All states have laws against boating under the influence (BUI), which make it a crime to operate a boat or personal watercraft while under the influence of alcohol or other drugs. And just like DUI or DWI offenses committed on dry land, the legal consequences of BUI can include steep fines, boating license penalties and prison time for injuries or deaths caused by BUI accidents. The following are answers to some of the most common questions with respect to boating under the influence, such as common penalties for BUI convictions.
Q: Can law enforcement pull me over in my boat, just like in a DUI case?
A: Yes, state and federal law enforcement officials can pull a boat operator over on suspicion that the operator is driving a boat while under the influence, just like they can when you are driving a car.
Law enforcement officials may also set up checkpoints on the water, just like roadside DUI checkpoints, to question and check boat operators for Boating Under the Influence (BUI). Some states do not even require "probable cause" for law enforcement officials to be able to board your boat. In Delaware, they can just do it.
Even if they don't charge you with violating federal laws prohibiting boating while intoxicated, federal authorities like the U.S. Coast Guard can also hold and transfer you to state authorities for additional prosecution.
Q: Can I lose my boating license or permit from a BUI conviction?
A: Perhaps. It depends on your state's boating regulations and other laws. A lawyer can help you with this important question.
Q: Do many people have criminal convictions for boating while drunk?
A: Yes, and with more states focusing on BUI violations, the number doesn't appear likely to decrease. A BUI conviction often has the same consequences as a DUI conviction.
Q: Do I have to go to jail for a BUI conviction, or do I only have to pay a fine?
A: The answer depends on your state's boating and criminal laws, the particular violations that you are accused of, and the legal penalties for a particular conviction. Often, a state's BUI laws and penalties mirror the state's DUI laws and penalties.
Q: Do I have to submit to a Breathalyzer or blood test?
A: Whether you are allowed to refuse a breathalyzer test varies from state to state. If you don't know, it might be wise to politely decline. Doing so in some states like Pennsylvania, however, could result in an automatic suspension of your boating privileges. In other states like Florida, your license cannot be automatically suspended for refusing to submit to a BAC test.
Q: Can I be subjected to a field sobriety test?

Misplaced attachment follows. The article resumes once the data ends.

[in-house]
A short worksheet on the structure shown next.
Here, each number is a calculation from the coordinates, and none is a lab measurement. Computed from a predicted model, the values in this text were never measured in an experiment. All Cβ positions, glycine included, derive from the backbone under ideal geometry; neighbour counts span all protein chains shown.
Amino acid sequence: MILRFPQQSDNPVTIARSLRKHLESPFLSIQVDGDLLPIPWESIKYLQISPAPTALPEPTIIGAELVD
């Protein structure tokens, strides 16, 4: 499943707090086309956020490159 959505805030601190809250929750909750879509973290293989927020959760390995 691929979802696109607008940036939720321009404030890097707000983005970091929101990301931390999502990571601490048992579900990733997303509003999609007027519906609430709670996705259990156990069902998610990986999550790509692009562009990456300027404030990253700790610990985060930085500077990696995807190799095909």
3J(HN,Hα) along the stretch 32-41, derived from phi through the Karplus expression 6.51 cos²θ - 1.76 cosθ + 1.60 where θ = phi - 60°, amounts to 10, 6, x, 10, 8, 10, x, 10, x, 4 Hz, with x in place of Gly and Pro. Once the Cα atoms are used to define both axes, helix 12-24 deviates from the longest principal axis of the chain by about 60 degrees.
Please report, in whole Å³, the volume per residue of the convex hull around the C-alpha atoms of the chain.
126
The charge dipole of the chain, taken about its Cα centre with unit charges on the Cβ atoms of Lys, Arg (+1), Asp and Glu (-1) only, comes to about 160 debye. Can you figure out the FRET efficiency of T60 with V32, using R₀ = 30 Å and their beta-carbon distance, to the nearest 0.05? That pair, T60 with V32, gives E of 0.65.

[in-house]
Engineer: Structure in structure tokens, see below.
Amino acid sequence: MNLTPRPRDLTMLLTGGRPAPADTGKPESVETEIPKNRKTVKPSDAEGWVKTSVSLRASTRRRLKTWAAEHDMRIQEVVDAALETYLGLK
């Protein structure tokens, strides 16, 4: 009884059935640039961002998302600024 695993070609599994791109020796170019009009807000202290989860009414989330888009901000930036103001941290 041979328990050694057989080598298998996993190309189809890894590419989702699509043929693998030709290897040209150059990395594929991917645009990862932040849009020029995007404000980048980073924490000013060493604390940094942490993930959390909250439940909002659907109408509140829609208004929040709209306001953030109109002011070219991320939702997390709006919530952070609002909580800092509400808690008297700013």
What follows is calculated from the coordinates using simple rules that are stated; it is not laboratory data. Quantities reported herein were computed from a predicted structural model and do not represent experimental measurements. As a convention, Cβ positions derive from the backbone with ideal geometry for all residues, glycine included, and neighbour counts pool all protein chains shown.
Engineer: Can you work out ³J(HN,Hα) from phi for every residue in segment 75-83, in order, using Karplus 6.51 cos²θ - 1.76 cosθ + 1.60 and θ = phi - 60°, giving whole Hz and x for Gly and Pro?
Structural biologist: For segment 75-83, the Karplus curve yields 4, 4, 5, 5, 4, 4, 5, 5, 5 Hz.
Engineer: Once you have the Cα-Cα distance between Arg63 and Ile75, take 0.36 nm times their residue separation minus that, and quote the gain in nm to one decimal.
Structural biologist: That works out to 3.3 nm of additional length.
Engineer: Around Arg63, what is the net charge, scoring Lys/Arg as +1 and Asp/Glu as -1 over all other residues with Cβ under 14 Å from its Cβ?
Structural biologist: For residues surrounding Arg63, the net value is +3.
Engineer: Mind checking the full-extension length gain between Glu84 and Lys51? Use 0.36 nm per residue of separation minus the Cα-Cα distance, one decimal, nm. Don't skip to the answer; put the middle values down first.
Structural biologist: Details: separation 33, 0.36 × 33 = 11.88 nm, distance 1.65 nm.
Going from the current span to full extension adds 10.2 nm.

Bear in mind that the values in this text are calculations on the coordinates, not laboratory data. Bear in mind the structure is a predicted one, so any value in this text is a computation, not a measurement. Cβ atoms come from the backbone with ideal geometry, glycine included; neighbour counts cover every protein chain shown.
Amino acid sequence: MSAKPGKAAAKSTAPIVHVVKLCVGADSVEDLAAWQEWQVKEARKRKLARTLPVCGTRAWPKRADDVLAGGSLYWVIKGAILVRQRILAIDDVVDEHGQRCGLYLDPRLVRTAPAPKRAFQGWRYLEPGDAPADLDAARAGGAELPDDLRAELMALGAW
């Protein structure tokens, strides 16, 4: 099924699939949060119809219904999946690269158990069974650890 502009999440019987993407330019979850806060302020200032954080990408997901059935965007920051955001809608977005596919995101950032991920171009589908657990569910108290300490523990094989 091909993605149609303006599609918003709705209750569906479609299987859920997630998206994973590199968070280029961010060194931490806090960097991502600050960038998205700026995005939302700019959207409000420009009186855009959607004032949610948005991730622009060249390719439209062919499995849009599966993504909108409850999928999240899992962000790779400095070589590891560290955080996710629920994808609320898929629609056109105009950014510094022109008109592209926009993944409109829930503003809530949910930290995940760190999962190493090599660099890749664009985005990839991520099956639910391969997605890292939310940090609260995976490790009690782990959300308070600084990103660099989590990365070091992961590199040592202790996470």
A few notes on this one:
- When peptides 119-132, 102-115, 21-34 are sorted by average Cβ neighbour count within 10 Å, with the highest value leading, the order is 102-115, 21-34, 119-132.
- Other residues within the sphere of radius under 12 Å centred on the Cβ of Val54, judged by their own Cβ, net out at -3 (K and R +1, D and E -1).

A: Probably. State authorities may ask you to "walk and turn," recite a particular phrase, or other tasks. The general purpose of field sobriety tests is to help determine if you are able to perform the basic functions required to safely operate a boat or other watercraft. Some of the field sobriety tests used are not necessarily applicable on the water though, because the boat you are on may prevent even a sober person from passing the test. In this situation, a Breathalyzer test is more likely.
Q: Even if I'm convicted, can't I just perform "community service?"
A: Probably not. Many states require people convicted of BUI offenses to attend mandatory boater education classes, as well as alcohol and drug counseling. If you are convicted of a criminal offense, you will have a criminal record.
Depending on the severity of the conviction (i.e., if it is a felony or misdemeanor), you could face severe legal consequences and restrictions.
One option you may have is called a "wet reckless" which is similar the same term used in DUI law. The prosecutor may give you the option to plead guilty in exchange for a charge with smaller penalties, like recklessly operating a watercraft.
If you have more questions about BUI law, and what to do if you are arrested for boating under the influence, contact Fanning Law, LLC for help.
Article courtesy of FindLaw.com.
Fanning Law, LLC Can Help
The facts of each case are unique and the laws in each state are different. This article provides a brief, general introduction to the topic. It is not legal advice. For more information about your specific questions, contact Bill Fanning at Fanning Law, LLC - The Offices of William C. Fanning, Jr. - 301.934.3620 or at www.fanninglawllc.com.